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zoobyshoe
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Dec1-05, 02:13 AM
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Quote Quote by Math Is Hard
2. I had an English teacher who once speculated that the 'dark lady' was a North or West African woman, possibly a serving girl at one of the taverns Shakespeare frequented. In the 130th sonnet, Shakespeare says her eyes are 'nothing like the sun' (presumably dark), her hair is black and wirey, and her breasts are 'dun' (a shade of brown). He was obviously taking a poke at the traditional syrupy sweet, beloved-flattering sonnets in this tribute, but might he also have been speaking directly about his sweetheart's race?
Anthony Burgess, author of A Clockwork Orange, wrote a fictional biography of Shakespeare called Nothing Like The Sun, which took this same interpretation of "dark" as its premise: he made the lady an African.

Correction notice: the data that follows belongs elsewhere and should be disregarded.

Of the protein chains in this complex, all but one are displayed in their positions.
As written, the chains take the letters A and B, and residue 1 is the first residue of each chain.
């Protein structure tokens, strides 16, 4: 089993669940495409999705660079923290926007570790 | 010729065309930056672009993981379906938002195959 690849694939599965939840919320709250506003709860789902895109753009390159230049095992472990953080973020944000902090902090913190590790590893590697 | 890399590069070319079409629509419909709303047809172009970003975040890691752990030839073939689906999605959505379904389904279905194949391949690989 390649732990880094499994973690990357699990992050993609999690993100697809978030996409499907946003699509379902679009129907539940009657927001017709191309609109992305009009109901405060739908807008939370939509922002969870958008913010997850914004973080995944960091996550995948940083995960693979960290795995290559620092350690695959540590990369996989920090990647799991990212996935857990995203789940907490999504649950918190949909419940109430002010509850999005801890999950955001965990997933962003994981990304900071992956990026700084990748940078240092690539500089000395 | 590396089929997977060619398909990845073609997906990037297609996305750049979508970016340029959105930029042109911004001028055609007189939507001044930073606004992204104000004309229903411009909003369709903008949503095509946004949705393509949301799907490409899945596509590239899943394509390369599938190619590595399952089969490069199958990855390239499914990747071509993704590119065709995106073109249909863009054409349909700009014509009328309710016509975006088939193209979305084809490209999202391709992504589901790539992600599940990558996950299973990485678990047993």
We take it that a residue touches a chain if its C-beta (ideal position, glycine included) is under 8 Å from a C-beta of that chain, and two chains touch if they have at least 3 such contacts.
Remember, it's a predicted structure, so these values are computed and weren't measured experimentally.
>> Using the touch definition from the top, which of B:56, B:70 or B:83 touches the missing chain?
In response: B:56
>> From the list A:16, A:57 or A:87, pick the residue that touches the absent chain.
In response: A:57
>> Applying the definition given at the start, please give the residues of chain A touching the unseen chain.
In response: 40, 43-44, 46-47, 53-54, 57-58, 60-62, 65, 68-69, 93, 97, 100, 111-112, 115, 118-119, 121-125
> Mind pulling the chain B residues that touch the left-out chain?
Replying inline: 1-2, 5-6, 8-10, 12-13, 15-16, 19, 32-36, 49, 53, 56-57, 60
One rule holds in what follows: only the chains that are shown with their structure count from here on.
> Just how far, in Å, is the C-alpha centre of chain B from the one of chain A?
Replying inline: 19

At some point Burgess had been in the military and stationed in a hospital that had a ward devoted to sufferers of advanced syphilis. He was surprised to find that as their minds broke down they started using language in peculiar ways, some of which struck him as poetic. He thought he saw some of the same breakdown of language in the later (crappy) Shakespeare plays, so he worked this into his book, having the bard die of syphilis after having written his last several linguistically degenerated plays.